"Currently, the Beijing market alone has a dozen or so legitimate brands and breweries. There is room for a 1,000 percent increase in market size before we would see any evidence of stress on growth potential," says Great Leap Brewing's founder Carl Setzer.
According to various research reports, the majority of Chinese drinkers still consume primarily local commercial brews such as Snow and Tsingtao. Snow, which is produced by China Resources Breweries, was ranked the best-selling beer in the world in 2017 in a report by Bank of America Merill Lynch, with 101.2 million hectoliters sold that year.
However, the potential of the craft beer segment can be seen in the fact that while overall beer consumption has been decreasing, consumption of craft beer has actually been on the rise, notes Aamodt.
Stone Brewing's outlet in Shanghai has been experiencing consistent sales growth since its inception last year.[Photo provided to China Daily]
The main drivers behind this growth, Aamodt points out, is the increasing amount of disposable income the middle classes have and a growing sense of adventure among millennials when it comes to beer.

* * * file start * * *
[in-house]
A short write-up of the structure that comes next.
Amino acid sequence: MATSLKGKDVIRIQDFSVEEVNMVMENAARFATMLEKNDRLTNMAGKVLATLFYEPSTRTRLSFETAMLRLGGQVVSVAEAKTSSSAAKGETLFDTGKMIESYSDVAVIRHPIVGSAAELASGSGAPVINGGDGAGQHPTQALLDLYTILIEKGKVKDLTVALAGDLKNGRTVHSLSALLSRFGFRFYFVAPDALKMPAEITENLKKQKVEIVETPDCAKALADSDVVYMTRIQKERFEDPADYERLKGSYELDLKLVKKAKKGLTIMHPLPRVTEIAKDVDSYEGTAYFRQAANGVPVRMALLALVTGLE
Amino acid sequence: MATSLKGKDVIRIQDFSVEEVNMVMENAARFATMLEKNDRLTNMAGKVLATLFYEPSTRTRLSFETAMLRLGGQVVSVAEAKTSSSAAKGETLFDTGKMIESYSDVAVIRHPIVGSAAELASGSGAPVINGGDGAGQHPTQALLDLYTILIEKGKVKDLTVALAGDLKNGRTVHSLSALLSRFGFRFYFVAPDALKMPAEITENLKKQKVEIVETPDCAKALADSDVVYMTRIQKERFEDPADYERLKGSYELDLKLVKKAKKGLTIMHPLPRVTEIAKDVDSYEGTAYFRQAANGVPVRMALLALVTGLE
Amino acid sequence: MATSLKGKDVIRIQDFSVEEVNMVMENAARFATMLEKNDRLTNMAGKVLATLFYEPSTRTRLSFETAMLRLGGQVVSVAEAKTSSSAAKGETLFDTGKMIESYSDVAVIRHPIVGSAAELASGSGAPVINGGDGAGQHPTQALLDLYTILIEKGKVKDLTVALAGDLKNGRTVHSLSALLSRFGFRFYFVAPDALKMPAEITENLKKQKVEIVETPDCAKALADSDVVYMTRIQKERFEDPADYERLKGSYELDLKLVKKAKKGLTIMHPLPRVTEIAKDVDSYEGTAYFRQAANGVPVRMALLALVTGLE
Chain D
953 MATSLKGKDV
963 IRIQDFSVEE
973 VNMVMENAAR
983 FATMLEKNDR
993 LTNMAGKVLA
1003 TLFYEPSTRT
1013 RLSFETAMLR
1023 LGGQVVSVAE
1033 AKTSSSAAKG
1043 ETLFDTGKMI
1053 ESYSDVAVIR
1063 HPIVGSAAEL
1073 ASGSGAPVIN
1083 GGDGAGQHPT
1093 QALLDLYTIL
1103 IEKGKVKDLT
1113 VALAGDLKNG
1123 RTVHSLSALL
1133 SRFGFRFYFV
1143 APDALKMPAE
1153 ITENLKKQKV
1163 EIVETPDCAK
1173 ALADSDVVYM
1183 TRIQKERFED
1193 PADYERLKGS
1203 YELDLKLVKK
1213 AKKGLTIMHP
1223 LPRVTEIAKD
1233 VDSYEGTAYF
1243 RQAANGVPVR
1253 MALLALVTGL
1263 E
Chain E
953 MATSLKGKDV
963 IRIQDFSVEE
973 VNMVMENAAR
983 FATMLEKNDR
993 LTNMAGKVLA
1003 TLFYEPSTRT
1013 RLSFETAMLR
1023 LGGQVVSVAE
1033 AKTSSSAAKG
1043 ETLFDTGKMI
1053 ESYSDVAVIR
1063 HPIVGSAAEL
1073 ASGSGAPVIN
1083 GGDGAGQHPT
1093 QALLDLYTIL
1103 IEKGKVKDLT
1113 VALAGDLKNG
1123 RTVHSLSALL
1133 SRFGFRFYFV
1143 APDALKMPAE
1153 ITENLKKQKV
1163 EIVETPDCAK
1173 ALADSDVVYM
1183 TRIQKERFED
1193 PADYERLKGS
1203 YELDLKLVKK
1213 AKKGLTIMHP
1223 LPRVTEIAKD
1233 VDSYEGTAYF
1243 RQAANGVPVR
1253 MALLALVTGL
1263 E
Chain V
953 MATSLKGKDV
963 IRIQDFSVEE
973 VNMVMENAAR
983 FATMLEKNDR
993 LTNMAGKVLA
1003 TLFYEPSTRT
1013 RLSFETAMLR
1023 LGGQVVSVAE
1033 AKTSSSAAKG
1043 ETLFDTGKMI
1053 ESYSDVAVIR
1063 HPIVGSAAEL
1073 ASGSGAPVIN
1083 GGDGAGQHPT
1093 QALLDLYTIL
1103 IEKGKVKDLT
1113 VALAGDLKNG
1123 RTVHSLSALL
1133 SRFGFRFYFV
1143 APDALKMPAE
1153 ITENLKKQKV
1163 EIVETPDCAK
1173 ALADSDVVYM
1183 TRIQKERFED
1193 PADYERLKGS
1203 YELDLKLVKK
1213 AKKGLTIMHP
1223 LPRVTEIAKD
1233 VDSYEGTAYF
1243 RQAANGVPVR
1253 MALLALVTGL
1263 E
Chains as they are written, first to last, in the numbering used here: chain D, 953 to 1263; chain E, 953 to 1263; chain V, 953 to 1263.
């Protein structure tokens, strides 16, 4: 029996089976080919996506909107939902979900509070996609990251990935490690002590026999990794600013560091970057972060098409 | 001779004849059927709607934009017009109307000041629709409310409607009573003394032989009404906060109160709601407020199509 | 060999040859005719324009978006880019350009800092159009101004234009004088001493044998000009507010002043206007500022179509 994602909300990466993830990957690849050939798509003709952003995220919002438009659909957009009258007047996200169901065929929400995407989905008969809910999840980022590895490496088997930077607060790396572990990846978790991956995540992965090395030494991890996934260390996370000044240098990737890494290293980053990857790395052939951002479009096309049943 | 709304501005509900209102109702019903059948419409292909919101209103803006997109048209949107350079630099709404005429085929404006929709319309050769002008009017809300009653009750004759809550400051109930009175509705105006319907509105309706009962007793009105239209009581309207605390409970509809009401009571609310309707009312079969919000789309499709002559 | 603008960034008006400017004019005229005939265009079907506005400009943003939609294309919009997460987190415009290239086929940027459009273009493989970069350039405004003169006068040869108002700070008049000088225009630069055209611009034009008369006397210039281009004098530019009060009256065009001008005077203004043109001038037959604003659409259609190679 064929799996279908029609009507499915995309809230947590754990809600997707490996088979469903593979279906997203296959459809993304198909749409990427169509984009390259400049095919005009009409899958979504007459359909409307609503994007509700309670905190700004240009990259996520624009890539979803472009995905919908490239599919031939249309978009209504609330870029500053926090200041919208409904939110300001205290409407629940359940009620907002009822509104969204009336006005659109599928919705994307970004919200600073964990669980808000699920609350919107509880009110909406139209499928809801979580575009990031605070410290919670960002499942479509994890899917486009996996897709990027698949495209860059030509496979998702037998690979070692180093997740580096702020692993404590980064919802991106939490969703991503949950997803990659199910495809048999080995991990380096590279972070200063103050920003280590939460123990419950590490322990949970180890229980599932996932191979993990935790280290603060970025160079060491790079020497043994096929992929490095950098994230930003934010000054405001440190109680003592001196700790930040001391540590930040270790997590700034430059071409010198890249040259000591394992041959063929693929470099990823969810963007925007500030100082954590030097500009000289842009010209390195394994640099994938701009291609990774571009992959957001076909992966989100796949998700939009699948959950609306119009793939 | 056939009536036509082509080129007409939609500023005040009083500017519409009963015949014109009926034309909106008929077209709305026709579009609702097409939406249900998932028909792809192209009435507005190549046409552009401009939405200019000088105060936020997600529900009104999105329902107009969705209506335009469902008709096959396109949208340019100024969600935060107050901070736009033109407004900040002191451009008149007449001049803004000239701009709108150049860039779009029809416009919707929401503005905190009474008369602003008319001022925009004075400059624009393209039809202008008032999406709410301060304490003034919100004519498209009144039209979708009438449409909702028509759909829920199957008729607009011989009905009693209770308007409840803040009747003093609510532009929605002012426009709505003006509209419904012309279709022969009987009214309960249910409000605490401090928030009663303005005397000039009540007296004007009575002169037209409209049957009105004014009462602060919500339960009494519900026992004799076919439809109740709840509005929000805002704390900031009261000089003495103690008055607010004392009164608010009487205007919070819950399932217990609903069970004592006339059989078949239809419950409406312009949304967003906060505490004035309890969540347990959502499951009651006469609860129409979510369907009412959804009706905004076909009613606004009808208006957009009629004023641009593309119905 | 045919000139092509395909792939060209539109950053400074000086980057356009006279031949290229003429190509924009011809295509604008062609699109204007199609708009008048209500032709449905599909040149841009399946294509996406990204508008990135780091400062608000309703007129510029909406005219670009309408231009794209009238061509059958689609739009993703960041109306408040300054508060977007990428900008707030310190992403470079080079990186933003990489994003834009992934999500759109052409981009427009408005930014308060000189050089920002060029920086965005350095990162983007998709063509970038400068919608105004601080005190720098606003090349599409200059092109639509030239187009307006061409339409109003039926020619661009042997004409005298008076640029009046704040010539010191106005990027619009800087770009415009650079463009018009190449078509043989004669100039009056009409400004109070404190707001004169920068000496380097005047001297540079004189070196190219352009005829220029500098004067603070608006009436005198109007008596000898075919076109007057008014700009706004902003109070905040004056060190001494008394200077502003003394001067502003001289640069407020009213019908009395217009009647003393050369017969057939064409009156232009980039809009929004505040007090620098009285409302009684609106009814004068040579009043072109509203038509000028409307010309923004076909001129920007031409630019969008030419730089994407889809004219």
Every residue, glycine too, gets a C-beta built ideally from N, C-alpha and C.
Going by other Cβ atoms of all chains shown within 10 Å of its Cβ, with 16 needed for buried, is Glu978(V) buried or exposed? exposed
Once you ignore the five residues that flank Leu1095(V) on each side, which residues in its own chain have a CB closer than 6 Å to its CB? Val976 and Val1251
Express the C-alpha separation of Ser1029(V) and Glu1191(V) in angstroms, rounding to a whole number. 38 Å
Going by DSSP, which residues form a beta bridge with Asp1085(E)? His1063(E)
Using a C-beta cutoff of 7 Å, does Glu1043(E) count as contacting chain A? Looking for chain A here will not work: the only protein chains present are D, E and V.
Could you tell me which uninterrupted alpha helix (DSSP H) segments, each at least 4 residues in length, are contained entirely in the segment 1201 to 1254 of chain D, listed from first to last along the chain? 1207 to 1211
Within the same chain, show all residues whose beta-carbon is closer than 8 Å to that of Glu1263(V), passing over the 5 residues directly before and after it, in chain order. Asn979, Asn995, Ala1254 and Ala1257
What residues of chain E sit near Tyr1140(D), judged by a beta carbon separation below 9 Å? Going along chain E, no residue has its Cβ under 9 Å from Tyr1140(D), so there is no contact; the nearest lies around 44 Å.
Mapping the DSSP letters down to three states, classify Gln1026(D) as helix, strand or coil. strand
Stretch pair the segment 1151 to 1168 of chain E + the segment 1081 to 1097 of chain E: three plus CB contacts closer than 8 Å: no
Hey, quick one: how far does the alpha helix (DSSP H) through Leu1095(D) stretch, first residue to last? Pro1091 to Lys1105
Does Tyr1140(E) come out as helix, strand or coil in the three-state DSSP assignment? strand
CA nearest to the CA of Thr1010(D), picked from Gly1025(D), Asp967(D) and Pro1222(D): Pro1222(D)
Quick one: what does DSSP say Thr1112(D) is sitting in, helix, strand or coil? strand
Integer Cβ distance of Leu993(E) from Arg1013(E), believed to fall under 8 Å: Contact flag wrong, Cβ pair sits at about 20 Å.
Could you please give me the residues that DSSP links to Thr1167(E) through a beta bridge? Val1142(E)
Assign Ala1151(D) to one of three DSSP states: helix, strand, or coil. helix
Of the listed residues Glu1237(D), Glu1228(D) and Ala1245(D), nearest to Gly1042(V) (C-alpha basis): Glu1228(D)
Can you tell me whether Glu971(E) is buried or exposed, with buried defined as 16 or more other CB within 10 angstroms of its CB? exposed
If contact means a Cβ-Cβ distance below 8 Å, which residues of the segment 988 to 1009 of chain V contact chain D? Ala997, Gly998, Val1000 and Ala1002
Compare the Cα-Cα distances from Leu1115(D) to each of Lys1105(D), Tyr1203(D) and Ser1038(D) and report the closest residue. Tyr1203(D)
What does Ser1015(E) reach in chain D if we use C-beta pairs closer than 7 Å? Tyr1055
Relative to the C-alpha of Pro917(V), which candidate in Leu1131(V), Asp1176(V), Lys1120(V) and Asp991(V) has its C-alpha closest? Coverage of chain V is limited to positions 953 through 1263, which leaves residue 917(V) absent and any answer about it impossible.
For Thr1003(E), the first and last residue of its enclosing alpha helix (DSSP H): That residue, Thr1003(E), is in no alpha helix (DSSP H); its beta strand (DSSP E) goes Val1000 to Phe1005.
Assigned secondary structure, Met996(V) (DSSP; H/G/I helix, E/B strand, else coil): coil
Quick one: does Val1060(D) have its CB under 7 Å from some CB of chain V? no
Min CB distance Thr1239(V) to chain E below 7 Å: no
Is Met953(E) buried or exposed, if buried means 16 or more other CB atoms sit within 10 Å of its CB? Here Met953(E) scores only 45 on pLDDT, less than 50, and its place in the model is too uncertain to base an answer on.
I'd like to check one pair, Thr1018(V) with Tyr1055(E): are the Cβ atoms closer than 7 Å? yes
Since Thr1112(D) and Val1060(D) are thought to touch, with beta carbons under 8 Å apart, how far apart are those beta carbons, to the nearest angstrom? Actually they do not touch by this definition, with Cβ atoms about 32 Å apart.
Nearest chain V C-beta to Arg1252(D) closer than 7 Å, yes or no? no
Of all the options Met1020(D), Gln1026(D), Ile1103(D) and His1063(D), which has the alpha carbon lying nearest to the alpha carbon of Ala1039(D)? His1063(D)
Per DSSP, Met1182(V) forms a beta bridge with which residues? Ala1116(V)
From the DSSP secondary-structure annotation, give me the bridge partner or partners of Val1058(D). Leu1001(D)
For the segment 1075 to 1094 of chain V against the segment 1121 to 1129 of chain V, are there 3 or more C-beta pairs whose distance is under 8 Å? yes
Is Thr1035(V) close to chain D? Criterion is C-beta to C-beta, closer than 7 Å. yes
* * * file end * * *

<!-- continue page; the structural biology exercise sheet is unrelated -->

Others have highlighted this as well. Mark Tanner, the managing director of Shanghai-based marketing and research agency China Skinny, says that Chinese consumers today are highly sophisticated and are more concerned about freshness than origin, something that is music to the ears of craft beer makers.
According to a 2018 report by the EU SME Centre, "the volume of the total beer market has been decreasing, mainly due to the decrease in production and consumption of the Chinese mass-consumed beer segment. However, the value of the total beer market is showing year-on-year growth during the same period, driven by the market's move toward premium products."